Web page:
Thursday, 30 April 2015

ParkingEye kicked out of Fistral?

ParkingEye have apparently been kicked out of Fistral Beach, with Smart Parking taking over.

ParkingEye caused great misery at this car park, with confusing and inadequate signage ensuring a steady revenue stream for parking infringements.

The change between summer and winter tarrifs was also a great source of confusion to motorists and profit to ParkingEye.

The Prankster will investigate the new signage to see if an improvement has occurred - however, perhaps the best way to determine this would be to keep an eye on the forums and see if complaints about bad signage at this car park decrease.

Happy Parking

The Parking Prankster

Saturday, 25 April 2015

Beavis fund hits target after one day

Barry Beavis now has enough in the war chest to file an appeal and bundle. The fund was launched yesterday morning and took one day to achieve the target goal of £6,000

The fund was largely filled by ordinary motorists chipping in between £1 and £20, although there were also some larger donations.

The fact that the fund was filled so quickly shows the strength of feeling the ordinary person has on this subject.

The Prankster feels strongly that parking regulation is needed, but also that there is no need to bend the rules to achieve this. Parking charges at council fine levels (£25) have been shown to work, and co-incidentally are also at roughly the level of a pre-estimate of loss. There is therefore no need to re-interpret the law; the current law works.

Happy Parking

The Parking Prankster

Friday, 24 April 2015

Barry Beavis launches fund to finance commencing appeal against 'cowboy' parking charge

Barry Beavis has launched an fund to commence his appeal against the recent Court of Appeal ruling. He needs to raise £1,600 to lodge the notice of appeal and a further £4,500 to lodge the Appellant's bundle.

The appeal needs to be lodged within 42 days of the judgment.

If 600 motorists donate £10 each, the fund will be raised. At the time of blogging 2% had been raised. The Prankster will shortly make his own contribution.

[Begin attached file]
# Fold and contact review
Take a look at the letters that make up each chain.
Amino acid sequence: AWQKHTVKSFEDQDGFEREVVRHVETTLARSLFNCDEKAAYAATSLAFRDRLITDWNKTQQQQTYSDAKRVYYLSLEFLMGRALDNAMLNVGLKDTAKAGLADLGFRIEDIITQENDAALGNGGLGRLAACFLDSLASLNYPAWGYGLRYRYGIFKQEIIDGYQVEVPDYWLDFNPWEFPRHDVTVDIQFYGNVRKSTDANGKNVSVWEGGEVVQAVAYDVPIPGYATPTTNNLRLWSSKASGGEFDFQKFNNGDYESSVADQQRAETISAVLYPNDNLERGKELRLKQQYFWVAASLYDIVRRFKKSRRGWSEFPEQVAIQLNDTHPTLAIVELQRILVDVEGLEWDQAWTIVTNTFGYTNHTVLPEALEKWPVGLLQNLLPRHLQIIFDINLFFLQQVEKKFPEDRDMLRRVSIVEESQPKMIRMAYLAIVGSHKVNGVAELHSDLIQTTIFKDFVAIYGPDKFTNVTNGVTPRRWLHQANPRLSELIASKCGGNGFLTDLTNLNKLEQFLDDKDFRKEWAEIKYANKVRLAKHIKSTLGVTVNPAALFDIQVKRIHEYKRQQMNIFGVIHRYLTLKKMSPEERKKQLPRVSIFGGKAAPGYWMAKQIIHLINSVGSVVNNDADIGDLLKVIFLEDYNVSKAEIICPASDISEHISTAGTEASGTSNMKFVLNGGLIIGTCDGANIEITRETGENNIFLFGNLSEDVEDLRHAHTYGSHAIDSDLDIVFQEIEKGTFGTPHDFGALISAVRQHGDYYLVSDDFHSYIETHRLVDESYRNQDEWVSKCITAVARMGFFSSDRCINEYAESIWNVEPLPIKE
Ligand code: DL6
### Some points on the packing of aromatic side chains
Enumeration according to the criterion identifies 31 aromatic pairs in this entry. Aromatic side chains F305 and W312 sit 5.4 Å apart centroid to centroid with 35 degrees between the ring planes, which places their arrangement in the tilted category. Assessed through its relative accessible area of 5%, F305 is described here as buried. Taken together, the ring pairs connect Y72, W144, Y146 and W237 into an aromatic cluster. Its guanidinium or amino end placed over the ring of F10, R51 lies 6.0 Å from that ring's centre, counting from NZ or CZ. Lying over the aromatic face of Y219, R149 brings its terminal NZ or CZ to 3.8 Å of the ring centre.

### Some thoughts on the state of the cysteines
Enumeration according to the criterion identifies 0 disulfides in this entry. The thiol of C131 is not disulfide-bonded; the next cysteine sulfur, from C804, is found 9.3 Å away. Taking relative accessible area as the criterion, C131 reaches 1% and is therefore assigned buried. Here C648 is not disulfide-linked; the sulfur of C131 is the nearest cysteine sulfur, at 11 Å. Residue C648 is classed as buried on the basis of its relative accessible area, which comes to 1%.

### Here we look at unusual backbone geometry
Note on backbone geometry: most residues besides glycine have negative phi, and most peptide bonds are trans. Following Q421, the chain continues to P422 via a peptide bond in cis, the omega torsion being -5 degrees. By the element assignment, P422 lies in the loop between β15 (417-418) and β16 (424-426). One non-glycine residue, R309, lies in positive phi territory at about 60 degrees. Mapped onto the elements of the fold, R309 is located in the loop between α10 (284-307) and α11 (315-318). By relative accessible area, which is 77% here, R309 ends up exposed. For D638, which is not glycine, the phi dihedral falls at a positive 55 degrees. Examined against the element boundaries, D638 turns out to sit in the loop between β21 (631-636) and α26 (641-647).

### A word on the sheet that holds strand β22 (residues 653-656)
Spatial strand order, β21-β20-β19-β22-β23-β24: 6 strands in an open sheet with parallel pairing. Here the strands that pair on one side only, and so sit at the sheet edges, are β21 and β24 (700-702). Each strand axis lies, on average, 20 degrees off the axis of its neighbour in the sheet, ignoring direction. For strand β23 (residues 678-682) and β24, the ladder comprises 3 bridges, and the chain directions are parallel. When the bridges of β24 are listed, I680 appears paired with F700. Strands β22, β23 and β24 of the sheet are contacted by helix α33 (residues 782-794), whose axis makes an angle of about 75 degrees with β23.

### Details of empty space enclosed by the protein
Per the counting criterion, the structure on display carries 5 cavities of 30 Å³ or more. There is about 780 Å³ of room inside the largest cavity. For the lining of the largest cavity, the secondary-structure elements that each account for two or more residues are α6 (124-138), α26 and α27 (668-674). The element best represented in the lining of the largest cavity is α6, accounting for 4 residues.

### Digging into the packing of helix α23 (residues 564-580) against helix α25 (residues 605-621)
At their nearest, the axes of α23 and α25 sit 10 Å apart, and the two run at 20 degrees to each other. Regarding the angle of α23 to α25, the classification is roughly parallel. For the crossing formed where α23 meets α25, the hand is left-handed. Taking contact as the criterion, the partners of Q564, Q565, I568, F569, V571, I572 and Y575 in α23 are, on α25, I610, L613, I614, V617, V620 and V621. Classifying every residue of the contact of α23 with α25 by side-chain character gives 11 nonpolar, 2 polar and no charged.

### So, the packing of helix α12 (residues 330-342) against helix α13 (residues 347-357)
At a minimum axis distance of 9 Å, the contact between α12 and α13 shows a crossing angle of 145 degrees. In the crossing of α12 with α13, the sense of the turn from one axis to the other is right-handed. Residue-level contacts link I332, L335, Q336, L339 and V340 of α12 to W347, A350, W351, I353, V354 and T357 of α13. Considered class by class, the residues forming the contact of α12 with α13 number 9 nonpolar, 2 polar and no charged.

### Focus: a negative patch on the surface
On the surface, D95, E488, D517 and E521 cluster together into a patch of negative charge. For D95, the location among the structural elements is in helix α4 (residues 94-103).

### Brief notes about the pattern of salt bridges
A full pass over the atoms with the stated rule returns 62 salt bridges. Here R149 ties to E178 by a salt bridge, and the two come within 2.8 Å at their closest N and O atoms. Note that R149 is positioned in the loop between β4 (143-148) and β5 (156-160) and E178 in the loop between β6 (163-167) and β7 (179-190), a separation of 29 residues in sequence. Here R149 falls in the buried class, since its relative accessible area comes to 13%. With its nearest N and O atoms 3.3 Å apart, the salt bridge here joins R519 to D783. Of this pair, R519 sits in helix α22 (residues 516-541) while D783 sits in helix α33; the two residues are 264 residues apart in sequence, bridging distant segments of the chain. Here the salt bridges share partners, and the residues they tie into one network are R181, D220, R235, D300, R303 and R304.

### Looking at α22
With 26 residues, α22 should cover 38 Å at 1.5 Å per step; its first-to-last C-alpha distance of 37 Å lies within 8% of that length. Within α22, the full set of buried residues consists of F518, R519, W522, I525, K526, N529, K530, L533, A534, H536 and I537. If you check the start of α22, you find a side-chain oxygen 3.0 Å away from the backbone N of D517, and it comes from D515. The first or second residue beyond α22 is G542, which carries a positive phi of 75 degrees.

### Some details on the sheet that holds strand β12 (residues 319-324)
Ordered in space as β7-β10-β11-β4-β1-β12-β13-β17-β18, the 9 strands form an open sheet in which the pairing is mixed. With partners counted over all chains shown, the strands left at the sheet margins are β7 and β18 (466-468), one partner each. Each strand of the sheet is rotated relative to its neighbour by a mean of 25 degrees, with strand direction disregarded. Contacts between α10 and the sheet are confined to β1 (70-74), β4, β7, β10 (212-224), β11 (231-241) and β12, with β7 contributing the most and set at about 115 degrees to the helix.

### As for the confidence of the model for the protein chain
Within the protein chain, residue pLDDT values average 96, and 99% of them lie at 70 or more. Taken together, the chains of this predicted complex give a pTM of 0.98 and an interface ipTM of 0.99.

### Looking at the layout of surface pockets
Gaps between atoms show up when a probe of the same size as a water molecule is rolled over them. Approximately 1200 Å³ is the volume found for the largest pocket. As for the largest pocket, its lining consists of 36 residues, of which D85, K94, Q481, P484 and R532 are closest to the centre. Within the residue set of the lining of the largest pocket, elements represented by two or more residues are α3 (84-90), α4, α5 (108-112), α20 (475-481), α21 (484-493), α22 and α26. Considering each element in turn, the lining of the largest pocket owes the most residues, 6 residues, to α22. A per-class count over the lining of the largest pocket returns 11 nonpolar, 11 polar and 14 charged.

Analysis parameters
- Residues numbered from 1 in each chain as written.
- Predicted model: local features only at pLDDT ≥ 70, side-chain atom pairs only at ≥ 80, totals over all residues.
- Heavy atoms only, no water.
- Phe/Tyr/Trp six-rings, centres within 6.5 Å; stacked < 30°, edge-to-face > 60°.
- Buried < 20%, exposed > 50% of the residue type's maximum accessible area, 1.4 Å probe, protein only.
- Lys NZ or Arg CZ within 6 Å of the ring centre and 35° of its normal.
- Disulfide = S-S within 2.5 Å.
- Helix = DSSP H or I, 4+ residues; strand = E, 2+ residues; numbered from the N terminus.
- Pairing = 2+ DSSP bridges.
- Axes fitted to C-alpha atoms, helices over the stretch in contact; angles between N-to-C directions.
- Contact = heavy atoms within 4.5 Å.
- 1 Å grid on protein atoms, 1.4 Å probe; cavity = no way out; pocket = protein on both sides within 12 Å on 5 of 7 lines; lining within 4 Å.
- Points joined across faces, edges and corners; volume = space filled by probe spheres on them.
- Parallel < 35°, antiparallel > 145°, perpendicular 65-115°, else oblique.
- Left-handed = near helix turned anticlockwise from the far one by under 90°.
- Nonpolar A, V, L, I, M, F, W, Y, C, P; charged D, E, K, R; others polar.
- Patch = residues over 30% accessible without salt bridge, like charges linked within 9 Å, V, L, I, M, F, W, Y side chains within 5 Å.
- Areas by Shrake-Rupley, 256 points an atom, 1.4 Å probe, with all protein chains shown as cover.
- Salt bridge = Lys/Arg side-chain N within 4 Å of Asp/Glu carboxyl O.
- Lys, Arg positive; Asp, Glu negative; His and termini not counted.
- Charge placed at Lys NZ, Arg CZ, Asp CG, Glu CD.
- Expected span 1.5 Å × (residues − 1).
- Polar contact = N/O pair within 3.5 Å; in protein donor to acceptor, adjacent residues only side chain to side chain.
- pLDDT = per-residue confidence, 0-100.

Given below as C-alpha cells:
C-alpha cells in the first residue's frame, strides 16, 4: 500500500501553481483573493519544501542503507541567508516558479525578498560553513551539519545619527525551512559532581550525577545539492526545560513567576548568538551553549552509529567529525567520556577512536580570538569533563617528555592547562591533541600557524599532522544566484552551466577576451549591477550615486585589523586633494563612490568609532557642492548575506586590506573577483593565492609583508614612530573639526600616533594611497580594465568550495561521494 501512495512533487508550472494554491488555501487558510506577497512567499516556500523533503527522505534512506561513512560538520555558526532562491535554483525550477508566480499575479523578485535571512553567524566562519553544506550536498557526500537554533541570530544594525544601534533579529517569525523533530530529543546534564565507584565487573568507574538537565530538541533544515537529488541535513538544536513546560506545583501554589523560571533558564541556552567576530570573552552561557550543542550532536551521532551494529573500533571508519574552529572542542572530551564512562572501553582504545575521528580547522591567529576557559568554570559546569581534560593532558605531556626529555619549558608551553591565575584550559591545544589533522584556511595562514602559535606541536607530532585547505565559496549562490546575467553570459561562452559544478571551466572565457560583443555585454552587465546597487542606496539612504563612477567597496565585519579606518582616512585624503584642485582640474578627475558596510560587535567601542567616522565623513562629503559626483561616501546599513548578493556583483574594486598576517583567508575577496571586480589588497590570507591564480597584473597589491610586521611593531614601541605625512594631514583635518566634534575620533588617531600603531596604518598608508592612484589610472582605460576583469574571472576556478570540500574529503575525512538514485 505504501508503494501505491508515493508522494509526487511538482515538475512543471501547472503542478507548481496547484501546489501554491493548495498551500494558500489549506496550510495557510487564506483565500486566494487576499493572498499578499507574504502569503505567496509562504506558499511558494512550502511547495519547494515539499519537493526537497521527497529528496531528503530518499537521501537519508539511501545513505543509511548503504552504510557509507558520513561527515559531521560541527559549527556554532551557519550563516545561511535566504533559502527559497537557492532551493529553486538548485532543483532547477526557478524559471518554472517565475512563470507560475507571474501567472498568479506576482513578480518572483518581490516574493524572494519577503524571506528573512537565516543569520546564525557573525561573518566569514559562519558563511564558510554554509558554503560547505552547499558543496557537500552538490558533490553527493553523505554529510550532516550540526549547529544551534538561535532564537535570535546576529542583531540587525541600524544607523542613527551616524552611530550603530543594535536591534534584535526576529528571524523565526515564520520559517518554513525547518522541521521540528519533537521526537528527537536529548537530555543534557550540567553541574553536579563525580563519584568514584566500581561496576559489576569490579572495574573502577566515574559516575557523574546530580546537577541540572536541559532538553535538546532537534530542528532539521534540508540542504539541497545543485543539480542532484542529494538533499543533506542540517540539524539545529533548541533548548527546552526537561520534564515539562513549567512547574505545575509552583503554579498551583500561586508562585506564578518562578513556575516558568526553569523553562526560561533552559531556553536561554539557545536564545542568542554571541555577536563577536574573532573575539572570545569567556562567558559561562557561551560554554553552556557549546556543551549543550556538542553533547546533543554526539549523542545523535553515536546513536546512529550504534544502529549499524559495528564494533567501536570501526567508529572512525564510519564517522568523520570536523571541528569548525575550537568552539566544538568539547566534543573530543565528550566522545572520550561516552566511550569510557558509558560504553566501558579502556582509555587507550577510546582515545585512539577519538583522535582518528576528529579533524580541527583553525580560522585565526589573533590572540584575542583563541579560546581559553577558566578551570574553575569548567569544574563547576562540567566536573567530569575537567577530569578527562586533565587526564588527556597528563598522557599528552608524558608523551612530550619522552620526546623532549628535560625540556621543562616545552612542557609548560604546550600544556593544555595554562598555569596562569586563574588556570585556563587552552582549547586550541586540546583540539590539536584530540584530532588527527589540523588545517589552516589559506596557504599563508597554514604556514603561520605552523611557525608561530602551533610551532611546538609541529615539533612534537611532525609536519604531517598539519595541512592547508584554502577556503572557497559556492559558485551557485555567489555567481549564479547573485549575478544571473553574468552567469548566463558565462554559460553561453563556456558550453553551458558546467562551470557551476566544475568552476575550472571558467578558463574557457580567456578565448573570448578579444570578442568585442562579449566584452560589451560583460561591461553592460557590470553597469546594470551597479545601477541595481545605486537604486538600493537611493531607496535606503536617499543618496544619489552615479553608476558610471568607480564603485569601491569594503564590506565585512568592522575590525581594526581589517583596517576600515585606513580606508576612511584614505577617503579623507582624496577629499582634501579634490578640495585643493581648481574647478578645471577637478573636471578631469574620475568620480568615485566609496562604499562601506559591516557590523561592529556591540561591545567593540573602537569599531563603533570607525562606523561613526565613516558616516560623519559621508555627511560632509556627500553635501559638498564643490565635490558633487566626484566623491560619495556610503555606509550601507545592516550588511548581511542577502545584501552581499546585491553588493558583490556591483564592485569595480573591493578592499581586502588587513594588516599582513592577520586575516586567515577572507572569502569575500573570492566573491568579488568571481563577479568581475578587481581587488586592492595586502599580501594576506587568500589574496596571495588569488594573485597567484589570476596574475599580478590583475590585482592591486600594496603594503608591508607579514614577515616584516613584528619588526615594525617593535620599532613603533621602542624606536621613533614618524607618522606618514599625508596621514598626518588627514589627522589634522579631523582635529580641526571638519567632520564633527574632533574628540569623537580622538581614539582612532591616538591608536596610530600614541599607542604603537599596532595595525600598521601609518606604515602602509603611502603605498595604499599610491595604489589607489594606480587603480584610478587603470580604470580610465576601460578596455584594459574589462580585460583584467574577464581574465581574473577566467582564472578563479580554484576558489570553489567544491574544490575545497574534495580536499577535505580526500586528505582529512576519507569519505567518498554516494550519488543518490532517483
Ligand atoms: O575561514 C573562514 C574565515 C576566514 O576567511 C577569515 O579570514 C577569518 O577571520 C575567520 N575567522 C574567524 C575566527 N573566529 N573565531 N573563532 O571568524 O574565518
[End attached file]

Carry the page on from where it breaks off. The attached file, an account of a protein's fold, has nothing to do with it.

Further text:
The Prankster views this as an important test case to stop the 'cowboys' in the parking industry.

Contributions can be made at this link.

Please share this blog and link on facebook.

Happy Parking

The Parking Prankster

Thursday, 23 April 2015

ParkingEye v Beavis appeal result - HHJ Moloney was wrong but appeal dismissed

The judgment is here.

The COA have neatly sidestepped the fundamental question of the appeal, which was whether penalties could be commercially justified.

Instead, they have ruled that PE’s charges should not be treated as penalties, and therefore unenforceable, because the level of charge is not ‘extravagant and unconscionable’ which they say is the true test of whether a clause is a penalty. Charges in line with council charges are acceptable.

In the HHJ Moloney hearing ParkingEye told HHJ Moloney their charges were in line with council penalties. However The Prankster has researched this and found this was a lie. In Cambridgeshire the council charges are £50, discounted to £25 if paid within 14 days. This is therefore half the level of the ParkingEye charge. (There are some higher level infringements charged at £70, but an overstay is £50)

They also say that there are social, or public policy, reasons why the charges should be enforced, because if they were not, the spaces in the car park would become unavailable for customers. They also say that PE would suffer a likely loss of contract with the BA Pension Fund if they were unable to perform the contract with them. (The Armageddon scenario).